Holidays had been invented to torture her.
Just when Eve thought she had them down, people went and added a new one. It was clearly a conspiracy by greeting card companies and stores, designed to separate people from their money.
It was tragic that her own partner was a pawn in the conspiracy. Peabody was always talking about one holiday or another, planning and preparing with every evidence of enjoyment in the process.
It made Eve twitchy. Give her an aggressive chemihead or obnoxious flasher any day of the week.
It had started with Christmas. Eve had a handle on it now, even if she thought Roarke went more overboard every year.
Thanksgiving was fine – Eve could handle stuffing herself and watching football all day long, although the only way she was going to hit the Black Friday sales was if someone was killed while shopping.
New Year’s Eve didn’t require much beyond dressing up and ushering the new year in with a bang.
Valentine’s Day was getting easier every year, and it was hard to say no to a few days on their private island.
The Fourth of July was cool, just requiring her to stuff herself with food and watch things explode. Roarke could even make stuff on the grill besides hamburgers, after a lot of practice.
But that wasn’t enough for some people, Eve thought as she drove home. Some people, of course, being Mavis – her polar opposite best friend. Mavis was intent on dragging her into even more holidays. Clearly the conspiracy had entangled her as well.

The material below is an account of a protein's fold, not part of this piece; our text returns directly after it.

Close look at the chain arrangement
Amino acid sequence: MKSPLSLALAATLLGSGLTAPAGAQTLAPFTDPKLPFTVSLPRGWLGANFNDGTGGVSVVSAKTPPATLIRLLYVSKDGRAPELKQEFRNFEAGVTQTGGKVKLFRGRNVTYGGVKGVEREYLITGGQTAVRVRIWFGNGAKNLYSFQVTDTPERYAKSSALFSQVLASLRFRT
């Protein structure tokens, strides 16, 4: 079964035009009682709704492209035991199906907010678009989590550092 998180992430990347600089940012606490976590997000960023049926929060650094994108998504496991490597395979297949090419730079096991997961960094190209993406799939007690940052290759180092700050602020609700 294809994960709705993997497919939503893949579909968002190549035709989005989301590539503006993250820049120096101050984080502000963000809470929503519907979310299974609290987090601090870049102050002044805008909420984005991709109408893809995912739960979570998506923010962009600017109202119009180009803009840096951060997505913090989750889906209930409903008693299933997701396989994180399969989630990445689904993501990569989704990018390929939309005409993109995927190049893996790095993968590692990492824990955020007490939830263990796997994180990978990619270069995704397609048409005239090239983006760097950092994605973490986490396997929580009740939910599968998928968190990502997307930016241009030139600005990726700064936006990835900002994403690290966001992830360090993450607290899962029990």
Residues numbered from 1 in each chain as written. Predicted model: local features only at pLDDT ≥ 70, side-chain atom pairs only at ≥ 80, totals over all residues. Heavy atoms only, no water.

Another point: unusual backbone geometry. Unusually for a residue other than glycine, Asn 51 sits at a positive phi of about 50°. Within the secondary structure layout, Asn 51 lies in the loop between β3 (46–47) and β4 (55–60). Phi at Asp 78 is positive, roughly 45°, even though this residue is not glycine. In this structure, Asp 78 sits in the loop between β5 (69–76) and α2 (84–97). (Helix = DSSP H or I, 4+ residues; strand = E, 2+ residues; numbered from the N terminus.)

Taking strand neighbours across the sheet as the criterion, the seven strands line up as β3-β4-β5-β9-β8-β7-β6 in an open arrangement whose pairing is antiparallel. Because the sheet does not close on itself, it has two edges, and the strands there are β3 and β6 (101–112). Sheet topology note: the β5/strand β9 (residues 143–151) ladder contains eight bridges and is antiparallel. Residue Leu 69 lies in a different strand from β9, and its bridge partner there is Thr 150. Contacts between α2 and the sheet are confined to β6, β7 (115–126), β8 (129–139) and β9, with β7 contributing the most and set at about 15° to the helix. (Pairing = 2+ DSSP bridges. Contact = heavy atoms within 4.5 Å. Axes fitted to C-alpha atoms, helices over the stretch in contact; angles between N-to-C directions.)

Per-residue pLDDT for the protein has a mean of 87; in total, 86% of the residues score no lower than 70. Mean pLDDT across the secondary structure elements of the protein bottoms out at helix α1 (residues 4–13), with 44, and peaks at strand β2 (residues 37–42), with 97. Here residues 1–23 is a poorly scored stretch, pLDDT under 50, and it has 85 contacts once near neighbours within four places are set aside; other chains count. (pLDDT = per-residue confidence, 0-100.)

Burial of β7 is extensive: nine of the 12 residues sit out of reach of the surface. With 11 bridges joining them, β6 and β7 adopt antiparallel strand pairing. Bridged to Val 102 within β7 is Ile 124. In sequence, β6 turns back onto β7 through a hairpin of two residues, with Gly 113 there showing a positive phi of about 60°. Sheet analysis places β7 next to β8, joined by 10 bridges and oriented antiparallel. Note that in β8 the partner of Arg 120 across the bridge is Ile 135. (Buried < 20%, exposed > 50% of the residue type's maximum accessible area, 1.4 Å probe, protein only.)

And Mavis had a weapon that Eve could not resist when it came to holidays.
Bella, who demanded Eve use her detection skills to help her find the ridiculous amount of Easter eggs Roarke and Summerset had hidden in the greenhouse. Then again, some of the eggs had been filled with candy, so it hadn’t been completely horrible.
Now, now it was Halloween. Roarke had decided for some reason that their big-ass Christmas party wasn’t enough.
Now he wanted to have a big-ass Halloween party too, with costumes.
Costumes! She didn’t have time for costumes. She didn’t need a costume – she was a kickass murder cop. Of course Roarke was totally getting into the costume idea, and she was sure she would be wearing some Hollywood original gown that cost a ridiculous amount of money.
Somehow she’d been outvoted. Looking back, it had happened when Mavis had confided that she and Leonardo had decided Bella needed a sibling. Eve had been so thrown by the news that there was another baby on the way that she hadn’t been able to argue against the party. At least Halloween meant candy.
Parties, actually. Summerset – talk about someone else who didn’t need a costume to be scary – was going to host a party for children, while the adults had their own.
She’d also suffered a fit of temporary insanity and allowed Roarke to pick out costumes for them. It was either that or make time to look for a costume herself.
Instead, she had been hoping for a call that would save her from yet another holiday.
The citizens of New York had not cooperated.
Summerset wasn’t in the hall for her to growl about, and neither was the fat cat. Eve raced up the stairs, only to find her husband wearing a perfectly correct and simple tuxedo.
“No costume?” Somehow Eve had imagined him in a pirate getup, or something out of Tam Lin, but not a tuxedo.
“This is my costume.”
“I told you,” Eve said as she stripped off her weapon harness, “I am not going as one of those ridiculous Bond girls.”
“And you’re not.” He gestured to her closet, where a simple, slinky black gown with a flashing diamond brooch was hanging.
“Doesn’t seem like much of a costume,” she said. Of course the brooch was real and probably priceless.
“You do need one accessory,” Roarke said with a grin, handing her a martini glass.
Eve grinned back, realizing what movie the dress reminded her of. “Did you rent a dog as well?”
“I thought about it,” he told her, sliding in for a kiss as she started undressing to get changed. “But I thought Galahad might object.”